News / Middle East

    Syrian Rebels Eye EU Oil Trade

    Syrian Rebels Eye EU Oil Tradei
    X
    April 30, 2013 8:20 PM
    The European Union recently lifted the embargo on oil coming from opposition-controlled areas in Syria. But there are doubts about how quickly the rebels will be able to start trading with the EU. Meanwhile, ‘backyard' refineries are springing up as impoverished Syrians try to make some money. Henry Ridgwell reports.
    Henry Ridgwell
    The European Union recently lifted the embargo on oil coming from opposition-controlled areas in Syria. But there are doubts about how quickly the rebels will be able to start trading with the EU. Meanwhile, "backyard" refineries are springing up as impoverished Syrians try to make some money.

    In his backyard north of the city of Idlib, Ahmed Abu Taleb and his friend use handpumps to transfer a barrel of crude oil into a tank.

    A fire burns in a pit dug below the tank. Then drip by drip, through a simple system of pipes, the distilled products - fuel oil and diesel - empty into lined trenches nearby.

    Few of the workers are trained. No one wears protective gear, and the fires burn next to tanks full of fuel. Abu Taleb said the risks are worth it. In 24 hours, he extracts nine barrels of fuel.

    Taleb said he gets the crude oil from the freed areas, or from oil wells freed by the Free Syrian Army. He says it's used to provide gasoline to areas that need it. The makeshift gas stations, he said, provide a lifeline for local residents who struggle to heat their homes.

    As the Syrian civil war has intensified, U.S. data indicates that oil production in the country more than halved between 2011 and 2012. That’s mainly due to EU sanctions, said David Butter of London-based policy institute Chatham House.

    “The sanctions actually did stop production because foreign operators pulled out. Also the Syrian government didn’t really have anywhere to put the oil, it had limited capacity to put the oil through their refineries," Butter explained. "And limited storage capacity when their export options were cut off.”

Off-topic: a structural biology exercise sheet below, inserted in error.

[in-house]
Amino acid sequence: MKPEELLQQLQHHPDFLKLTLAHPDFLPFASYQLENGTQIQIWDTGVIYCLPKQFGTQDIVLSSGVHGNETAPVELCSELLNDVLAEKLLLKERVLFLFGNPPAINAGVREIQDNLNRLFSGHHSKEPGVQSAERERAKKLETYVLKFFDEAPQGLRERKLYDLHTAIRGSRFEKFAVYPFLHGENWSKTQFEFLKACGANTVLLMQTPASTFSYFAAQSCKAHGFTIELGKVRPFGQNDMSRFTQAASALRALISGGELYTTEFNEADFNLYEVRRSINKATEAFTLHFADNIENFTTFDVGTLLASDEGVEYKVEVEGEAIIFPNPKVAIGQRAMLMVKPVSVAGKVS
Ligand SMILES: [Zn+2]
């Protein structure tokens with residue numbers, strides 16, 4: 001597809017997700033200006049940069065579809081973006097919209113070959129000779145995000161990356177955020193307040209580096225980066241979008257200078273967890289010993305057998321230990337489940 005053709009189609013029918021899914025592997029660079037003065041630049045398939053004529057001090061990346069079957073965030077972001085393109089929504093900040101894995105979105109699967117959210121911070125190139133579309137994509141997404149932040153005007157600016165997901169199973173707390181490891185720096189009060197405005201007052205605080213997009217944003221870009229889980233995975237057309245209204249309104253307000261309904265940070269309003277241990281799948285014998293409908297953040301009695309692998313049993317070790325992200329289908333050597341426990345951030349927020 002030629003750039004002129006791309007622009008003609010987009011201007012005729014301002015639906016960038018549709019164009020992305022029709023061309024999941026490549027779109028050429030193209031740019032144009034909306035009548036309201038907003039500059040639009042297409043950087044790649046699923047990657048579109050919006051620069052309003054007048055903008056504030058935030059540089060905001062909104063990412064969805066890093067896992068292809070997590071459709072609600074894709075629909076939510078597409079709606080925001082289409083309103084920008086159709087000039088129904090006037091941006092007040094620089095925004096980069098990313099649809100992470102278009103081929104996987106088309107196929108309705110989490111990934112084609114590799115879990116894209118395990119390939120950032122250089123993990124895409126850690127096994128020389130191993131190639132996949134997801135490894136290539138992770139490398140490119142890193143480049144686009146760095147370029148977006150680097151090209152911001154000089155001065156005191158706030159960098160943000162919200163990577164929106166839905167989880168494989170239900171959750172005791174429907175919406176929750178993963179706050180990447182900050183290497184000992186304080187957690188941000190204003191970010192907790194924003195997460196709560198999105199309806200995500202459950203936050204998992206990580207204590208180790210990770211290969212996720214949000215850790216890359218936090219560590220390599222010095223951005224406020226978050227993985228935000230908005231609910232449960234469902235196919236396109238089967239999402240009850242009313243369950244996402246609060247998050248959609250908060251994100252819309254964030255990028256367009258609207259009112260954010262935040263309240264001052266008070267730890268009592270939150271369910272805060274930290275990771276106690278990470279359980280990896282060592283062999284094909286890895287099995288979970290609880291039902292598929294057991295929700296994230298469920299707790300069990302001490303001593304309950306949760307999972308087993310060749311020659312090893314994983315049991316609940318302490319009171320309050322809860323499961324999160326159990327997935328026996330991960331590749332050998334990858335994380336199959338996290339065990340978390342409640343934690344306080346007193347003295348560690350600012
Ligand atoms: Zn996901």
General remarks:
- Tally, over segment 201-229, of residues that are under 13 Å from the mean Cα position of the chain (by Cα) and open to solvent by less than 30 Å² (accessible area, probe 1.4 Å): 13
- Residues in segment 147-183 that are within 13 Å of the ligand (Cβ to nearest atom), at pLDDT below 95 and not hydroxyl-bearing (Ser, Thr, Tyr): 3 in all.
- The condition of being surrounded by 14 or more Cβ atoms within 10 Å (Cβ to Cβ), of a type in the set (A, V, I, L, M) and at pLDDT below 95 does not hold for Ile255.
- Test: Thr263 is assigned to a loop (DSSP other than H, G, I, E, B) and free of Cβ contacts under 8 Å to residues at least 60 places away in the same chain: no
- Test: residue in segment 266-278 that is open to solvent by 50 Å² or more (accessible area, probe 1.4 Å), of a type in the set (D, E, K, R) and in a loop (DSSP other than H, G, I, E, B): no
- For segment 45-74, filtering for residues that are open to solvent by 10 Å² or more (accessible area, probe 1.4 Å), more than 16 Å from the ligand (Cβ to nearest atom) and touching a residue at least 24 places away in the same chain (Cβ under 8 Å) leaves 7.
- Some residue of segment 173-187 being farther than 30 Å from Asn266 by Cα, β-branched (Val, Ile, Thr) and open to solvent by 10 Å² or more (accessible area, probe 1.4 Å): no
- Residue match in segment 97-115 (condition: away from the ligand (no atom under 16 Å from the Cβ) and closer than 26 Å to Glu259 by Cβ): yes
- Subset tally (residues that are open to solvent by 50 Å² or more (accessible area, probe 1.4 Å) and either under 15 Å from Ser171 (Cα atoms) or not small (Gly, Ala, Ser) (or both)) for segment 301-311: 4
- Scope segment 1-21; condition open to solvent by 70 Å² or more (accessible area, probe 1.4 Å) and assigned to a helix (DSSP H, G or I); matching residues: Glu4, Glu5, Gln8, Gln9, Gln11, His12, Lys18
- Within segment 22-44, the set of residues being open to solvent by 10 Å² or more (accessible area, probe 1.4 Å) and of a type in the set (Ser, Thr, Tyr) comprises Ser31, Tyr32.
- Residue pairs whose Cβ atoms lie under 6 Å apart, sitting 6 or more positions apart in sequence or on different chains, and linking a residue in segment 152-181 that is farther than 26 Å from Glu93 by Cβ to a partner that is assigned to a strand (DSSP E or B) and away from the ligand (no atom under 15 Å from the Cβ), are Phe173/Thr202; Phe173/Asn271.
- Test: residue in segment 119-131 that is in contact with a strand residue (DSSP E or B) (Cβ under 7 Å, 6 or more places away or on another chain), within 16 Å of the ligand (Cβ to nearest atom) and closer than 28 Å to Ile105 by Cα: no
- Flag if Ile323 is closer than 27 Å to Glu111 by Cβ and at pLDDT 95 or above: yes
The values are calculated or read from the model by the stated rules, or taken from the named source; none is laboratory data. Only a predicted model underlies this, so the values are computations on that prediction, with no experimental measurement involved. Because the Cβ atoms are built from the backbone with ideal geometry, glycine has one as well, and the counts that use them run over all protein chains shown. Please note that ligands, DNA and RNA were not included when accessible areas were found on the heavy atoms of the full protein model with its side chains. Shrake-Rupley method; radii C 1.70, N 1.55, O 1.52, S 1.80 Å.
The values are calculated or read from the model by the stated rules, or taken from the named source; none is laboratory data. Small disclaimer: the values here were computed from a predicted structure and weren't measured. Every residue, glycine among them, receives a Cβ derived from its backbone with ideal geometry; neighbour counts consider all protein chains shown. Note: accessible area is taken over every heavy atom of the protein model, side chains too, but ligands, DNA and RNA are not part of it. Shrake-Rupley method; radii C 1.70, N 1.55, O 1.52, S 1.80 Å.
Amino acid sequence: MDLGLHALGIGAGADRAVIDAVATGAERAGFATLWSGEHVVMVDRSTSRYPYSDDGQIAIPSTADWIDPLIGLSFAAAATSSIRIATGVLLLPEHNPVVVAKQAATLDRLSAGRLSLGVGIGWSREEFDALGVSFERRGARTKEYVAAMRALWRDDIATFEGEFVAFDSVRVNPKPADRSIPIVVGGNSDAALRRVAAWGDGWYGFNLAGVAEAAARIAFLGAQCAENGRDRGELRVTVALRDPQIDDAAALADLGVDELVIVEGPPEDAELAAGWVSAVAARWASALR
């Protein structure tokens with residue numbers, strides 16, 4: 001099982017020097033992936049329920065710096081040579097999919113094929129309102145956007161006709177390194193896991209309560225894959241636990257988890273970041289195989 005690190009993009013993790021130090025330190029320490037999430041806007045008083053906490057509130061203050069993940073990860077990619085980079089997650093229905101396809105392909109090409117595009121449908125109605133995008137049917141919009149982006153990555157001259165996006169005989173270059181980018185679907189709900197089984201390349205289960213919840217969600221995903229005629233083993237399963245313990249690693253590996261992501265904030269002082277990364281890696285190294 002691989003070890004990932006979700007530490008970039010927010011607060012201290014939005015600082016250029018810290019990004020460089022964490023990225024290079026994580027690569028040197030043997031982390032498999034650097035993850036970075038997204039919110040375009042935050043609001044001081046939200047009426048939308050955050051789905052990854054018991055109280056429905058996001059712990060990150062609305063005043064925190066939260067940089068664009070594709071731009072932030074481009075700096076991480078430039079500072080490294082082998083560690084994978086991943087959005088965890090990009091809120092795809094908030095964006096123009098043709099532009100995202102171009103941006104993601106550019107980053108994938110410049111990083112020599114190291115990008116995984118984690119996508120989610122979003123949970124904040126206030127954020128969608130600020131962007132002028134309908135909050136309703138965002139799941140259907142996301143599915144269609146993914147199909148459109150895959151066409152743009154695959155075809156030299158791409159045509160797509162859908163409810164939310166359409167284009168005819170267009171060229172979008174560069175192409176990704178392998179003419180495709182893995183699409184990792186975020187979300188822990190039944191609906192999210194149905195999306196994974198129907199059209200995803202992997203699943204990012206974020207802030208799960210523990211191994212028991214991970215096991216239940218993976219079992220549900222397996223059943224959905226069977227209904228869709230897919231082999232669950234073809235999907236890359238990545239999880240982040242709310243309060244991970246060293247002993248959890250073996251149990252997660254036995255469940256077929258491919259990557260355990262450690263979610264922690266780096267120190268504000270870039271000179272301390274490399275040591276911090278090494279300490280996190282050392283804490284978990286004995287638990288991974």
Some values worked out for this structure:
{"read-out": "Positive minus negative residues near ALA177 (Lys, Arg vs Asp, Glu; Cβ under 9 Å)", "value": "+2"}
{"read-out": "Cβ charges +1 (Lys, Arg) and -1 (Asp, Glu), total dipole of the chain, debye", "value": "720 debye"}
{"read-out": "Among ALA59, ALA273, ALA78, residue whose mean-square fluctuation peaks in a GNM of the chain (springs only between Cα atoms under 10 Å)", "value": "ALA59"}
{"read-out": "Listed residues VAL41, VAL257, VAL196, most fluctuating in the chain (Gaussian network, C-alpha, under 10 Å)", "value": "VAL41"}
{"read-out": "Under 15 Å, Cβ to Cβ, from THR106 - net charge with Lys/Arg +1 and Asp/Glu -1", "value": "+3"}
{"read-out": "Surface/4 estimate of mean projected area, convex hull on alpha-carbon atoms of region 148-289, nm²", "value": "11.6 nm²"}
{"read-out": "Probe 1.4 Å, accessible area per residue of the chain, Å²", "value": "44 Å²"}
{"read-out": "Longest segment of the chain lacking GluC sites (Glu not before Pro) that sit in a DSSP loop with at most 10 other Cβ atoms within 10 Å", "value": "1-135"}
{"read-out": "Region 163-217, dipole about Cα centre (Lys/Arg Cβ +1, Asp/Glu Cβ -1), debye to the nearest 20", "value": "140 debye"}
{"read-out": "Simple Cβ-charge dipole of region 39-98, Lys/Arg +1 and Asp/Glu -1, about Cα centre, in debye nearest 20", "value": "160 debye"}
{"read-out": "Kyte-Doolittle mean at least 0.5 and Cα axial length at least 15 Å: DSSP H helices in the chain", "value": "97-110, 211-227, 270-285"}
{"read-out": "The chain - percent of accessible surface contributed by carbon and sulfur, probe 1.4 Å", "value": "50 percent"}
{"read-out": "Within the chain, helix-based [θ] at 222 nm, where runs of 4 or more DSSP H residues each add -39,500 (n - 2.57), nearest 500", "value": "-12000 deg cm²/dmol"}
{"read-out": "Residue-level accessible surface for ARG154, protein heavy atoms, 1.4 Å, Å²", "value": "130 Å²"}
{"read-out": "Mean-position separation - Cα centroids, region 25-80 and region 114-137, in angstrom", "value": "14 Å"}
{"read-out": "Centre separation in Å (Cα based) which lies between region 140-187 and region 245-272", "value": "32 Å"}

In recent days, EU ministers lifted the embargo on oil coming from areas of Syria held by the opposition.

    The EU’s foreign policy chief is Catherine Ashton. “Three types of transactions will now be possible: imports of oil and petroleum products, exports of key equipment and technology for the oil and gas industry and investments in the Syrian oil industry,” she said.

    But David Butter of Chatham House says it will be a long time before the EU starts buying oil from the opposition. “Most of the oil is under the control of various other groups. Most notorious of course is Jabhat al-Nusra which has an al-Qaida connection, and many other groups. So there’s no sense that they are centrally controlled by an opposition body with which companies in the EU could actually do business with,” he added.

    Syria has denounced the EU’s decision. Before the uprising, the IMF estimates oil exports accounted for a quarter of government revenue.

    Abeed Mayaleh, governor of Syria's Central Bank, said he does not understand how the European Union can give what he calls armed terrorist groups the right to export oil to Europe. This is money laundering, he said. This is stolen money and these are stolen goods.

    As Syria's economy continues to suffer, primitive refineries are springing up in backyards across the country: a dangerous business but a way to survive amid the conflict.

    You May Like

    In Britain, The Sun Still Doesn’t Shine

    Invoking Spitfires and Merlin, Leave voters insist country can be great again, following surprising 'Brexit' vote last week

    Double Wave of Suicide Bombings Puts Lebanon, Refugees on Edge

    Following suicide bombings in Christian town of Al-Qaa, on Lebanon's northeast border with Syria, fears of further bombings have risen

    US Senators Warned on Zika After Failing to Pass Funding

    Zika threats and challenges, as well as issues of contraception and vaccines, spelled out as lawmakers point fingers

    This forum has been closed.
    Comments
         
    There are no comments in this forum. Be first and add one

    Featured Videos

    Your JavaScript is turned off or you have an old version of Adobe's Flash Player. Get the latest Flash player.
    Slow Rebuilding Amid Boko Haram Destruction in Nigeria’s Northeasti
    X
    June 29, 2016 6:15 PM
    Military operations have chased Boko Haram out of towns and cities in Nigeria’s northeast since early last year. But it is only recently that people have begun returning to their homes in Adamawa state, near the border with Cameroon, to try to rebuild their lives. For VOA, Chris Stein traveled to the area and has this report.
    Video

    Video Slow Rebuilding Amid Boko Haram Destruction in Nigeria’s Northeast

    Military operations have chased Boko Haram out of towns and cities in Nigeria’s northeast since early last year. But it is only recently that people have begun returning to their homes in Adamawa state, near the border with Cameroon, to try to rebuild their lives. For VOA, Chris Stein traveled to the area and has this report.